Assuming that the plaintiffs made the misrepresentations complained of, the conclusory statement by the defendant's underwriter to the effect that it would not have issued the Policy had it known that the Premises included a third apartment, located in the basement, was insufficient to establish materiality as a matter of law (see Curanovic v New York Cent. Mut. Fire Ins. Co., supra; Tuminelli v First Unum Life Ins. Co., supra).

However, the claim for punitive damages should have been dismissed (see Rocanova [*3]v Equitable Life Assur. Socy. of U.S., 83 NY2d 603, 613-614; Fulton v Allstate Ins. Co., 14 AD3d 380, 381).
PRUDENTI, P.J., GOLDSTEIN, CRANE and MASTRO, JJ., concur.

ENTER:

James Edward Pelzer
        Clerk of the Court

ELACQUA v. PHYSICIANS' RECIPROCAL INSURERS

 

MEMORANDUM AND ORDER

Calendar Date: March 28, 2005
Before: Cardona, P.J., Crew III, Spain, Lahtinen and Kane, JJ.


Bartlett, McDonough, Bastone & Monaghan L.L.P.,
White Plains (Edward J. Guardaro Jr. of counsel), for appellant-
respondent.
Gleason, Dunn, Walsh & O'Shea, Albany (Thomas F.
Gleason of counsel), for respondents-appellants.




Lahtinen, J.

Cross appeals from a judgment of the Supreme Court (Malone Jr., J.), entered July 9, 2004 in Albany County, which, inter alia, granted a motion by plaintiff OB/GYN Health Center Associates, LLP for partial summary judgment and declared that defendant was required to indemnify it in an underlying action.

Issues regarding the coverage and construction of a medical malpractice insurance policy are implicated in this appeal. Plaintiffs Mary S. Elacqua and William Hennessey, both licensed physicians, are members of plaintiff OB/GYN Health Center Associates, LLP (hereinafter the partnership). Elacqua and Hennessey each had malpractice insurance policies with defendant, and the partnership was named as an additional insured on such policies [FN1]. In June 1994, Kim Hytko sought medical attention at the partnership and was seen and treated by [*2]Jane Szary, a nurse practitioner employed by the partnership [FN2]. In November 1994, Hytko succumbed to cancer and, thereafter, her husband commenced a malpractice action against plaintiffs and Szary. Shortly before the trial of that action, the attorney retained by defendant to defend plaintiffs sought an adjournment because he perceived a conflict in his representation. As a consequence, defendant retained individual counsel for each physician and the case proceeded to trial [FN3]. At the conclusion of Hytko's case, Elacqua and Hennessey successfully sought dismissal of Hytko's complaint as against them. However, a verdict of nearly $2,000,000 was rendered against the partnership based upon Szary's negligence.

Defendant refused to provide any indemnification to plaintiffs as it took the position that its policy did not afford coverage since the only liability of the partnership was vicarious through its employee, Szary. Plaintiffs commenced the instant action seeking money damages for breach of contract based upon defendant's alleged failure to properly defend and failure to indemnify and also seeking a declaration that defendant is required to indemnify plaintiffs as to the underlying verdict. Plaintiffs moved for partial summary judgment declaring that defendant is liable for the judgment rendered in the underlying malpractice action. Supreme Court granted summary judgment in favor of the partnership finding coverage for the partnership under the policy and, moreover, that defendant failed as a matter of law to timely disclaim coverage as required by Insurance Law § 3420 (d). Defendant appeals from this holding. Plaintiffs cross-appeal from that portion of Supreme Court's judgment that "[r]eluctantly" declared, upon constraint of language in Sumo Container Sta. v Evans, Orr, Pacelli, Norton & Laffan (278 AD2d 169 [1st Dept 2000]), that defendant had no obligation to advise plaintiffs of their right to counsel of their own choosing.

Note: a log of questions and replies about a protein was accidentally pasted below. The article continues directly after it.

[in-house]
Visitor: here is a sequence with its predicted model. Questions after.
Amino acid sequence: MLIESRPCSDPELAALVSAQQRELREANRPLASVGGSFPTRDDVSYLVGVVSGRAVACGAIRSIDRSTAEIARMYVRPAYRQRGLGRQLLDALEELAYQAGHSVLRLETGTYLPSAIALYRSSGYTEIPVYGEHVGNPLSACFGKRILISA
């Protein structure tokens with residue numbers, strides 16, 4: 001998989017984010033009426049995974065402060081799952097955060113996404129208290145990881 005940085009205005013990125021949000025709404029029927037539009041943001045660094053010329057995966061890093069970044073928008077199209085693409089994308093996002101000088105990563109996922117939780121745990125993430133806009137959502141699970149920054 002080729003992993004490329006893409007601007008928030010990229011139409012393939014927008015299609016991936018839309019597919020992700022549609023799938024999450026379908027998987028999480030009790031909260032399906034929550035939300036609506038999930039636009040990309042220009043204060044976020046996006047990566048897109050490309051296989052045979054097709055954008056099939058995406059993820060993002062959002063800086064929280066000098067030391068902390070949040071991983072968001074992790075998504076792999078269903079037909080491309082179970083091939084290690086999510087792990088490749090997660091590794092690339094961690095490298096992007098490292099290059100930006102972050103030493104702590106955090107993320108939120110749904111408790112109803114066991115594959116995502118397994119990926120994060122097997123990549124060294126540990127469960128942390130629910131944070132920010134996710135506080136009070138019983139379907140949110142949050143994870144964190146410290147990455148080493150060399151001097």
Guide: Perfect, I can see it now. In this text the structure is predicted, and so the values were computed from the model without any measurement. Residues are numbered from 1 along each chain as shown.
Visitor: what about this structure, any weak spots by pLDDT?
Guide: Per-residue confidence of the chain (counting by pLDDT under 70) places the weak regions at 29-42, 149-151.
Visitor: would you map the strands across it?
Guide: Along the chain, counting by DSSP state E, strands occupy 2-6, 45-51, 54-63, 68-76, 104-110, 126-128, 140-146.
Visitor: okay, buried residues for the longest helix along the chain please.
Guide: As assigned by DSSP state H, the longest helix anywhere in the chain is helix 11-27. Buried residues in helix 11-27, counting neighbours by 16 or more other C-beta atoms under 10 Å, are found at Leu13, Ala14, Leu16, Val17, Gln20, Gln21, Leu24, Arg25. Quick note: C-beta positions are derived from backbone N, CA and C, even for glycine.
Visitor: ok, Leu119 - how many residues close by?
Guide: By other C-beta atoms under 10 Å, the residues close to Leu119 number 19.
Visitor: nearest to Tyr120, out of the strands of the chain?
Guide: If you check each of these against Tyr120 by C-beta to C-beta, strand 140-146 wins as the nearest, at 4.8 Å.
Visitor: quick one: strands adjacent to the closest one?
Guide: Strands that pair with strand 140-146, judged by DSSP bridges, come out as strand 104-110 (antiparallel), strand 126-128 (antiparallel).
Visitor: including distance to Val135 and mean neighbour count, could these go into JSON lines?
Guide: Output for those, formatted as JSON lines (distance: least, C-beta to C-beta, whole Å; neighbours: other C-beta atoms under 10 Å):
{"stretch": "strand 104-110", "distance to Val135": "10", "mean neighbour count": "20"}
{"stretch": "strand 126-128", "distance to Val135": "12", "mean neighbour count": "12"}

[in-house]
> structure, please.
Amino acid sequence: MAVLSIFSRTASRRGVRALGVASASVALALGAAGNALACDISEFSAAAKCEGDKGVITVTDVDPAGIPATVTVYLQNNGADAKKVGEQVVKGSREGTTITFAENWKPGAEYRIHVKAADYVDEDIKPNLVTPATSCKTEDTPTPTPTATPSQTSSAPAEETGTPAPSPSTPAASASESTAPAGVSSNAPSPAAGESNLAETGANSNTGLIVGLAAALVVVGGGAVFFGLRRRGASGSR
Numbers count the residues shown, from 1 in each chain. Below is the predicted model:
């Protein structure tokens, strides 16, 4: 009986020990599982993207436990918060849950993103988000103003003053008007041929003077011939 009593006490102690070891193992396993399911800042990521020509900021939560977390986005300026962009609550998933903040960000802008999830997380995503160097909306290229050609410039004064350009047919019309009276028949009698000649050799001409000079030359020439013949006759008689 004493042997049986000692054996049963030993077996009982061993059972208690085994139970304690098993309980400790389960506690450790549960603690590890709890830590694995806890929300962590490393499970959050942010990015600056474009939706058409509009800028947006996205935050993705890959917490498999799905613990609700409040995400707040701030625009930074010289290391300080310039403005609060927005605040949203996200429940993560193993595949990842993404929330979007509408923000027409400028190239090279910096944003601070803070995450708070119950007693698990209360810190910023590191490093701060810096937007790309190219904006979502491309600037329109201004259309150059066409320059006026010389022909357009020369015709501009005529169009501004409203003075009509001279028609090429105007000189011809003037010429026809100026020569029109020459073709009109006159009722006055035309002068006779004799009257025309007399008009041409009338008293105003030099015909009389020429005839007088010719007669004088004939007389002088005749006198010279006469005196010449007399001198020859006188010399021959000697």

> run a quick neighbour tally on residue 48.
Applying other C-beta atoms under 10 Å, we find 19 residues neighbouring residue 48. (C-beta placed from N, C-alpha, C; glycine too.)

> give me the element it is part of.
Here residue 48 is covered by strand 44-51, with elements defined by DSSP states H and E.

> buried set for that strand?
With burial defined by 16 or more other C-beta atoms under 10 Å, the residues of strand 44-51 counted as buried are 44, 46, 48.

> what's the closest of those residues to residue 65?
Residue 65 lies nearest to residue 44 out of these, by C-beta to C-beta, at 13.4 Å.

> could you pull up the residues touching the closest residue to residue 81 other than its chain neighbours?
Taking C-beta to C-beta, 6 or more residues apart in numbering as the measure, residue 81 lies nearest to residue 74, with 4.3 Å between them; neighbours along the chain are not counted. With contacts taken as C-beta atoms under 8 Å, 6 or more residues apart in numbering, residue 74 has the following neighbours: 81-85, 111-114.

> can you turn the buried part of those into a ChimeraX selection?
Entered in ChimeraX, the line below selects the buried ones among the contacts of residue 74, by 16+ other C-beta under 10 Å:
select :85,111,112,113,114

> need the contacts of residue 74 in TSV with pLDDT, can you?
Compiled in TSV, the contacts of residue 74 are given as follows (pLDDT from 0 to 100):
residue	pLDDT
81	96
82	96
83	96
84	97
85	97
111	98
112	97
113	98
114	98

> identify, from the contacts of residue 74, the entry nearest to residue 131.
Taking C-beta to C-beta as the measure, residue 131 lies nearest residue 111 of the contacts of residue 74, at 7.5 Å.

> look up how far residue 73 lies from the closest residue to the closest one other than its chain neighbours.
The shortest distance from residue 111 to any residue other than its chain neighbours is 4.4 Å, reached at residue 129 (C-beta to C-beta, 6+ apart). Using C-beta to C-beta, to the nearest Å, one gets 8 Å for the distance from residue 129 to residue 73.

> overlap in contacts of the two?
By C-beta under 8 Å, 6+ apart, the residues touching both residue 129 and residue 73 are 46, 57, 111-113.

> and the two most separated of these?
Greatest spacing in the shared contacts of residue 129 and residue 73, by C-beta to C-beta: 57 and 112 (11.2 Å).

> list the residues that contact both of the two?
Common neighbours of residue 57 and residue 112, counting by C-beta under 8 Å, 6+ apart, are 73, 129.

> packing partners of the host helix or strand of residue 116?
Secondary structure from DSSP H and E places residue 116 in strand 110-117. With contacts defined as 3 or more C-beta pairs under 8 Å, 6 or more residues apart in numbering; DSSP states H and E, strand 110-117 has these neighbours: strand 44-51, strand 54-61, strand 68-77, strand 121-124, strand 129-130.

We turn first to defendant's argument that its policy provides no coverage for the claim against the partnership and, accordingly, that it had no obligation to disclaim. While it is well settled that a "[d]isclaimer pursuant to [Insurance Law § ] 3420 (d) is unnecessary when a claim falls outside the scope of the policy's coverage portion" (Matter of Worcester Ins. Co. v Bettenhauser, 95 NY2d 185, 188 [2000]), we are unpersuaded that this claim fell outside the scope of the policy's coverage.

Defendant's argument that there is no coverage is premised upon its contention that certain provisions in the "Limits of Liability" part of the policy provide a map which, by careful navigation, sets forth a path precluding any coverage by it under the narrow circumstances of this case (i.e., physicians found not negligent, nurse practitioner found negligent, nurse practitioner had separate insurance with another carrier, and the partnership was vicariously liable for the negligence of the nurse practitioner)[FN4]. The labels placed on the relevant policy language by the [*3]insurer, however, do not control and, accordingly, even though falling under a category called "limiting language" rather than "exclusion," the language may nevertheless "amount[] to an exclusion" (Planet Ins. Co. v Bright Bay Classic Vehs., 75 NY2d 394, 400 [1990]). When coverage is afforded to an entity in a policy's "Insuring Agreement," an attempt to deny coverage should generally be viewed as the exercise of an exclusion (see Matter of Worcester Ins. Co. v Bettenhauser, supra at 190). If the issue is not "whether coverage existed under any circumstances, but instead the nature and extent of coverage," then an effort by the insurer to limit coverage is tantamount to "exercis[ing] a policy exclusion" (Jefferson Ins. Co. of N.Y. v Travelers Indem. Co., 92 NY2d 363, 371 [1998]). "[W]here some ambiguity is present regarding the extent of coverage or any possible exclusions, the insurer must timely disclaim" (id. at 370; see Matter of Worcester Ins. Co. v Bettenhauser, supra at 188-189; Greater N.Y. Mut. Ins. Co. v Clark, 205 AD2d 857, 858 [1994], lv denied 84 NY2d 807 [1994]).